BATESVILLE — Indiana's relentless push to improve the standardized test scores of its schoolchildren seems to be paying off: The state is reporting another year of record-breaking scores.
At a press conference this Tuesday morning, Indiana Superintendent of Public Instruction Tony Bennett said 71 percent of the nearly 500,000 students who took the ISTEP+ test in the spring passed both the math and English/language portions of the test.
That's a gain of one percentage point over last year and 8 percentage points since the 2008-09 school year. It's also the third successive year that students' passing rates have gone up on every portion of the test, which is administered to students in grades 3 to 8.
The 71 percent mark falls far short of the goal of a 90 percent pass rate that Bennett has been pushing for since he took office in 2005, but it didn't seem to dampen his enthusiasm.
"Hoosiers from all walks of life should greet this news with a standing ovation," Bennett said in a statement accompanying the release of the test scores. "More students are getting a world class education in our schools."
Bennett credited "Indiana's great teachers" for educating "a new generation of leaders and innovators who will build a more prosperous future for our state."
Those teachers are watching the test scores with some wariness. Under a "merit pay" law passed by the Indiana General Assembly in 2010, the test scores of their students now play a role in how those teachers are evaluated and paid.
The ISTEP test scores are also a critical component of the Indiana Department of Education's accountability model, which assigns schools and school districts grades of A through F.
Scores matter, but under the "growth model" used to evaluate both teacher pay and school grades, progress does, too. As critical as the the number of students who pass ISTEP is whether scores are improving from year to year.
There is still a sizable achievement gap for students considered most at-risk for dropping out of school: Statewide, only 47 percent of students who don't speak English as their native tongue - and are classified as English language learners - passed both the math and English/language arts portion of the test. Only 59 percent of students who come from low-income families - who qualify for free or reduced lunch prices - passed both the key portions of the test.
Still, both those passing rates are better than years past. In the 2008-09 school year, only 34 percent of students who were English language learners passed both the key portions of ISTEP+; and only 48 percent of students who qualify for free or reduced lunch passed both the math and English/language arts portions of the test that year.
The passing rates for Hispanic students, black students and those classified as "special education" students have also been steadily climbing but still fall behind the pass rates for students who are white, who don't have special needs and whose families aren't living in poverty.
High school students no longer take the ISTEP tests, but they do take "end of course assessments" in English, algebra and biology after completing instruction in those subjects.
If they don't pass English and math ECAs, they must a obtain a waiver from their schools to graduate. To earn a waiver, seniors who haven't passed the ECA in math or English must show they had 95 percent attendance and had a C average in that subject. If they took the test every time it was offered, completed extra help sessions offered a school and earned a recommendation from a teacher and the principal, they may still graduate.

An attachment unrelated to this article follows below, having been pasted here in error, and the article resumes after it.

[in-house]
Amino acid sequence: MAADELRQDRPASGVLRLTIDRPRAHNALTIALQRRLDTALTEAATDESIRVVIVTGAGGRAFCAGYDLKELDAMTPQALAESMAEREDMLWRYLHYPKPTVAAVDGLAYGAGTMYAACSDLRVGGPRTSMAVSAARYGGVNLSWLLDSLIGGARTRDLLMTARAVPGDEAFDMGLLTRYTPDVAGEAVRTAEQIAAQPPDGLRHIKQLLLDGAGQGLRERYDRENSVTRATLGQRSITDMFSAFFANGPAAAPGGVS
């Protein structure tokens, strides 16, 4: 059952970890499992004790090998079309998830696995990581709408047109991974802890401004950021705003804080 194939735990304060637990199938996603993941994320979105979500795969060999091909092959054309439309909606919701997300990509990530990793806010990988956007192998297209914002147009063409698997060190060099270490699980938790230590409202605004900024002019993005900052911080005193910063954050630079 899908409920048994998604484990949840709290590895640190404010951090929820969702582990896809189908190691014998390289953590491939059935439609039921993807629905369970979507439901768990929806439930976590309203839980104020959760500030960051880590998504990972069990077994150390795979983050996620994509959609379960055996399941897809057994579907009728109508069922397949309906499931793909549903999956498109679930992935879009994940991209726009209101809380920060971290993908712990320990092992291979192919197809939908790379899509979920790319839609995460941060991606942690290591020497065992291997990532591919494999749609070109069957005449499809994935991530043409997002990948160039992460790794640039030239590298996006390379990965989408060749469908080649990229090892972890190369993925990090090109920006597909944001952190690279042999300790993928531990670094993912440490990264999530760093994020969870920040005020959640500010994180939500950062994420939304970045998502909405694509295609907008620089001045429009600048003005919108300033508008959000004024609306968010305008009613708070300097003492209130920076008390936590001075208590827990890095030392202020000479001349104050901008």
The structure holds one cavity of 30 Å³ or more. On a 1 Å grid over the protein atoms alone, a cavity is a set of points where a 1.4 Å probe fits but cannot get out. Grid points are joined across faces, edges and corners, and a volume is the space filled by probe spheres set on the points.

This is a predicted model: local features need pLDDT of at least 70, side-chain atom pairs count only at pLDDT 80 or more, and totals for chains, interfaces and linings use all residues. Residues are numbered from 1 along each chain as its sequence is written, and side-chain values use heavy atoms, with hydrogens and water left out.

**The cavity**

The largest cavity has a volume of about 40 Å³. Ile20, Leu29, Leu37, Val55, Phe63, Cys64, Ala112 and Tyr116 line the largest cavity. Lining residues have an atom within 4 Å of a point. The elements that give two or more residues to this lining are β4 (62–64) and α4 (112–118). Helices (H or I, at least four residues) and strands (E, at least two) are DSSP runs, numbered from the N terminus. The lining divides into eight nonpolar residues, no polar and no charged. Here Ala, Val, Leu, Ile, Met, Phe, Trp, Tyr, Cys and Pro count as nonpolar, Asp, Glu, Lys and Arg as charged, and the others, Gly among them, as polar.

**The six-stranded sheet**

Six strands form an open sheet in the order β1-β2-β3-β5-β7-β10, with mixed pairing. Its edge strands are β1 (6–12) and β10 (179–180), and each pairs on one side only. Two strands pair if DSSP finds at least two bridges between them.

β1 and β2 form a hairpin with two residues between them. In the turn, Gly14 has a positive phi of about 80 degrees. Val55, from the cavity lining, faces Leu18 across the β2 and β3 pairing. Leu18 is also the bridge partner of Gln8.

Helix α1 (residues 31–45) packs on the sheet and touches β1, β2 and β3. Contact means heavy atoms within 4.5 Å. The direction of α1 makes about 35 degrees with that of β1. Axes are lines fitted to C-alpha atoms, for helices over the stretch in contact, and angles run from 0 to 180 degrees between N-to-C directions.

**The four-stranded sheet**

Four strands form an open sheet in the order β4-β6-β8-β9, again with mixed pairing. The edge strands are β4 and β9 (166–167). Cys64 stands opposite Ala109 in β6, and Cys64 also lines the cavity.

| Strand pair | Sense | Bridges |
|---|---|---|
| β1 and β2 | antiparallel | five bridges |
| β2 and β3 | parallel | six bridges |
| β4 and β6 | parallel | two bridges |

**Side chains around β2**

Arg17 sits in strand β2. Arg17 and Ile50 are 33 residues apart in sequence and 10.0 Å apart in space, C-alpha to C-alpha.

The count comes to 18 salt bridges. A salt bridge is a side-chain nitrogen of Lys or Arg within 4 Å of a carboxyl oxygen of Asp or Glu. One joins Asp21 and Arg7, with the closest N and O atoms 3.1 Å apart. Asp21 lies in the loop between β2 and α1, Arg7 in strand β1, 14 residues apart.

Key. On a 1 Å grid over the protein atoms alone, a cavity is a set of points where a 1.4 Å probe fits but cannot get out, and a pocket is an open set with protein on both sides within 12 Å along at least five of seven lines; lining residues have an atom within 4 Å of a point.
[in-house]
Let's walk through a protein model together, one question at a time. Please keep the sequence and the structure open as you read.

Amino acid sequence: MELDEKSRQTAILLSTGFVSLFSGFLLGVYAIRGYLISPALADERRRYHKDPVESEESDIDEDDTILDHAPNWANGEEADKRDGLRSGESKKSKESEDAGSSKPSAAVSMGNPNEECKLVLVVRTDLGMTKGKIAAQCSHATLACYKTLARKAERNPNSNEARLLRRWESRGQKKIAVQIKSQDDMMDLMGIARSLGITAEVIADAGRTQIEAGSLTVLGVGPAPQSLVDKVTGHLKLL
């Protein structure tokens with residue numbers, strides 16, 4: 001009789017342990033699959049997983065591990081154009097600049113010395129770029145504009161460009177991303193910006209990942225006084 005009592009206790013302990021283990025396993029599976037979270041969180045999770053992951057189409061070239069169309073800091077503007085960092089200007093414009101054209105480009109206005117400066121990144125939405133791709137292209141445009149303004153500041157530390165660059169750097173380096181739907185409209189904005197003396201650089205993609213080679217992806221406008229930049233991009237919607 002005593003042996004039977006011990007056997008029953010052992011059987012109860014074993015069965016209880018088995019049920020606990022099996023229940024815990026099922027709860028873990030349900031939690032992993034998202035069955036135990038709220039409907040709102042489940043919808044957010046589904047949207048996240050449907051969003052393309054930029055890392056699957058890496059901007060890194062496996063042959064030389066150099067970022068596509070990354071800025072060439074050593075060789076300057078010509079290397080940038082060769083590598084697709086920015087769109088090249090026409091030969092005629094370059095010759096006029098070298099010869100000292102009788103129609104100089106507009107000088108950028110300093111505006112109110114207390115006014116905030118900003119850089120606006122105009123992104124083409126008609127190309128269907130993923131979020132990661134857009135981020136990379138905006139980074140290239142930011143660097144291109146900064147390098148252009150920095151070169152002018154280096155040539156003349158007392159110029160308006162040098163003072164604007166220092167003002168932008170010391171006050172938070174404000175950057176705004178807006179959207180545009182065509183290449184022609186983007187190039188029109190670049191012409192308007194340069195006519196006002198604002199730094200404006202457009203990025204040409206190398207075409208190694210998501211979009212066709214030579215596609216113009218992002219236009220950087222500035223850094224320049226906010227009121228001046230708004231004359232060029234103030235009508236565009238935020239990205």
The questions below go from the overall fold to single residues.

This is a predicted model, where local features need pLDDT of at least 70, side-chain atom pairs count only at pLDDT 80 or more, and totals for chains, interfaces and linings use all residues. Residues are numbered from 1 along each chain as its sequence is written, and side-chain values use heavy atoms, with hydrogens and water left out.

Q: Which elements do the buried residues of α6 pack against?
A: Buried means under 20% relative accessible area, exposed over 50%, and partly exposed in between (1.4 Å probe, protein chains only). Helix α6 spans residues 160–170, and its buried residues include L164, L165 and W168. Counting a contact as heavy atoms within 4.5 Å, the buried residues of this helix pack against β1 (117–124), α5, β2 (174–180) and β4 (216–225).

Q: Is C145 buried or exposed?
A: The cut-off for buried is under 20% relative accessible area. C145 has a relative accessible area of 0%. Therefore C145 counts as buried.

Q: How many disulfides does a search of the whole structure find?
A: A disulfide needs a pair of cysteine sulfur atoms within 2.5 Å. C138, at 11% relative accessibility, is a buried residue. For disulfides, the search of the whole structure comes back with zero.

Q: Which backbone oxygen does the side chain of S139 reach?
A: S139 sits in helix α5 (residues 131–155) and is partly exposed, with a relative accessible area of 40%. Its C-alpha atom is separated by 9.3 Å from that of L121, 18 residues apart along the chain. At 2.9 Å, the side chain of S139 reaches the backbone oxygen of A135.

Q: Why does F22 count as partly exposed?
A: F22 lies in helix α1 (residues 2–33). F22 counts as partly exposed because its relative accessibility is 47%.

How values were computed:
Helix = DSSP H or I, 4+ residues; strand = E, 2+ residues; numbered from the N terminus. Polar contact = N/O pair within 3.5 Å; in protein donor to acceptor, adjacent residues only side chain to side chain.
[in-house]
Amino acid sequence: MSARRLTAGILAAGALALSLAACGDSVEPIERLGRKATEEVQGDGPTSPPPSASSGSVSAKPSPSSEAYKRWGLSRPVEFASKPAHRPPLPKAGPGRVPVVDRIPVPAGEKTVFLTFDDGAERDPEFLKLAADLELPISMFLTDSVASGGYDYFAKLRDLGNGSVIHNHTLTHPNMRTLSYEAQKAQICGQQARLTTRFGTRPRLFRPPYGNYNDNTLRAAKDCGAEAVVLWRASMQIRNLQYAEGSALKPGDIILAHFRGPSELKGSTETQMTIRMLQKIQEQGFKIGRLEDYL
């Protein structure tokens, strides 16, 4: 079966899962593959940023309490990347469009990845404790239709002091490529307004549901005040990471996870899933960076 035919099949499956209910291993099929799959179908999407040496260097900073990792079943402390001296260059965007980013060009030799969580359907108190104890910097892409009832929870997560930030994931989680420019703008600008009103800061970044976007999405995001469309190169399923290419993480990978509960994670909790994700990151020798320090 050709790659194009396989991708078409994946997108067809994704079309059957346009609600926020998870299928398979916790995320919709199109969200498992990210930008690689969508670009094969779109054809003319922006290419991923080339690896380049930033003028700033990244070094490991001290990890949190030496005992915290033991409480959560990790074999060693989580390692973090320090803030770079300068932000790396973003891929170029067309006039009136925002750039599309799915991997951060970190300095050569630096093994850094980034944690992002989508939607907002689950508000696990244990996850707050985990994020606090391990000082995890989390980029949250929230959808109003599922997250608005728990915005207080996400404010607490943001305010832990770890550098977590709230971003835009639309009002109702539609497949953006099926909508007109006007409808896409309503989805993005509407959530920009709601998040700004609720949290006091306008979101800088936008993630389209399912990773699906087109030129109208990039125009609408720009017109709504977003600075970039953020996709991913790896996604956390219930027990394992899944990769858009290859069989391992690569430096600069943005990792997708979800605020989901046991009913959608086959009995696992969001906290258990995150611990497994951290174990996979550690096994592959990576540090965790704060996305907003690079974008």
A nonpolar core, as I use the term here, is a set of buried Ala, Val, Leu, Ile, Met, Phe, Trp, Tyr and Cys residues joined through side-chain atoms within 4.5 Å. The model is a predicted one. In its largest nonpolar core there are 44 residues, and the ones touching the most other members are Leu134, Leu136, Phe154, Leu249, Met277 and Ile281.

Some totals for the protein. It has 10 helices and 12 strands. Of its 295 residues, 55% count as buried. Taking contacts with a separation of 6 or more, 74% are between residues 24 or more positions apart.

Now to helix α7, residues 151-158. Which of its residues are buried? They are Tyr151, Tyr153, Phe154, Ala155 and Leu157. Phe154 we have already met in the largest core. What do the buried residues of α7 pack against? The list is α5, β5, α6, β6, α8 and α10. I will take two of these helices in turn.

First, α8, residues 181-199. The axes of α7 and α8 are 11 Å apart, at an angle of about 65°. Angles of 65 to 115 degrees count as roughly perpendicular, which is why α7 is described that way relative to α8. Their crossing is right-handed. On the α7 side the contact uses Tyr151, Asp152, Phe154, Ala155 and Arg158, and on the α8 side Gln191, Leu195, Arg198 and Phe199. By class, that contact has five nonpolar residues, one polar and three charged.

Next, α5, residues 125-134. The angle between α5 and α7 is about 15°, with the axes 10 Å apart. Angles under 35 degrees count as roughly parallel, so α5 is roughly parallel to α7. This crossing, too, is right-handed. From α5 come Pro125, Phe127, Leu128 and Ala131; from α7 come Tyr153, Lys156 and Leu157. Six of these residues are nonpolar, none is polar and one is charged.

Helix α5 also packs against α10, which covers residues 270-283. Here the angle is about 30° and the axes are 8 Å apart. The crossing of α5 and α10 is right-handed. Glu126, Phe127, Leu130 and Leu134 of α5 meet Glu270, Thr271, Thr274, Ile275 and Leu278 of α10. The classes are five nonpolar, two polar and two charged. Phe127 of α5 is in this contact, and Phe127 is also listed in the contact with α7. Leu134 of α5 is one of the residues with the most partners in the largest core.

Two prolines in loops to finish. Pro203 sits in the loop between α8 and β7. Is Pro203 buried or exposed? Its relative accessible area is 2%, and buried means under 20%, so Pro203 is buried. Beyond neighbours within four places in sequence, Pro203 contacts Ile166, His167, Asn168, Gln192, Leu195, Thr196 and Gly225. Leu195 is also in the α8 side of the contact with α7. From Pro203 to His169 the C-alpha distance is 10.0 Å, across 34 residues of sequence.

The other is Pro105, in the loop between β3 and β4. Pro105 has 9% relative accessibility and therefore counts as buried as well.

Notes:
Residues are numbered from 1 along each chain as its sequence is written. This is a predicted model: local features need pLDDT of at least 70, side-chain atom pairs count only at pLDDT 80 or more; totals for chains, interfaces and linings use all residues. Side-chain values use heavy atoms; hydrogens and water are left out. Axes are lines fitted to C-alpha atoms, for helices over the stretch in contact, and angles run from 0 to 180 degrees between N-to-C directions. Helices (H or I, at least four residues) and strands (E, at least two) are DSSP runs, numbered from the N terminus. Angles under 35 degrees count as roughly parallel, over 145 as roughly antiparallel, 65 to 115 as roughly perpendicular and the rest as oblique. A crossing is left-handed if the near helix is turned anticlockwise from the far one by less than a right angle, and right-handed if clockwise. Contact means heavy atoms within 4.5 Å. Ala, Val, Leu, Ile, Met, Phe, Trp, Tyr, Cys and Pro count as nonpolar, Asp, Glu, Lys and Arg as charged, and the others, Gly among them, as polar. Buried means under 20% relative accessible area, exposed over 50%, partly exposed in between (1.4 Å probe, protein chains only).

ISTEP+, which stands for Indiana Statewide Testing for Educational ISTEP+Progress Plus, is given each spring to students in grades 3 through 8. Before 2009, the test was administered in the fall of each school year.
More than 329,000 students, about 66 percent of test-takers, took the multiple choice portions of the test online. That's a big jump up from 2010, when only about 15,000 students took the test online.
All students are tested in reading and math, while science also is tested in grades 4 and 6 and social studies knowledge is tested in grades 5 and 7.
Maureen Hayden covers the Statehouse for the CNHI newspapers in Indiana. She can be reached at email@example.com
LOCAL SCHOOLS AMONG STATE’S BEST
The Batesville Community School Corp. officials had to be quite pleased when the Indiana Department of Education released the scores from the statewide ISTEP+ testing.
The scores reported by the state on Tuesday indicated BCSC students (grades three through eight) ranked fourth in the state for the percentage of students passing both the Math and English/Language Arts portions of the test, according to superintendent Jim Roberts.
The corporation’s 89.1 percent trailed only West Lafayette (92.8), Carmel Clay (92.6) and Zionsville (91.3), according to IDOE figures.
Batesville was second in the math portion with a 95.8 percent pass rate and tied for eighth in English/Language Arts.
By grade, the Batesville Middle School seventh grade ranked first in the state with a 97.7 percent pass rate in math, according to Roberts.
“Batesville administrators, teachers, parents and students can all be very proud of achieving some of the highest ISTEP+ pass rates in the state. That’s reason enough to celebrate,” State Sen. Jean Leising commented. “But it’s important to recognize that smaller rural schools can make noteworthy accomplishments — especially when the top three public school achievers in Indiana are larger city corporations that often receive more attention for their scores.”
Due to a shipping error when the tests were completed, the bulk of the St. Louis tests still need to be graded. The results will not be available for another week or so, according to principal Chad Moeller.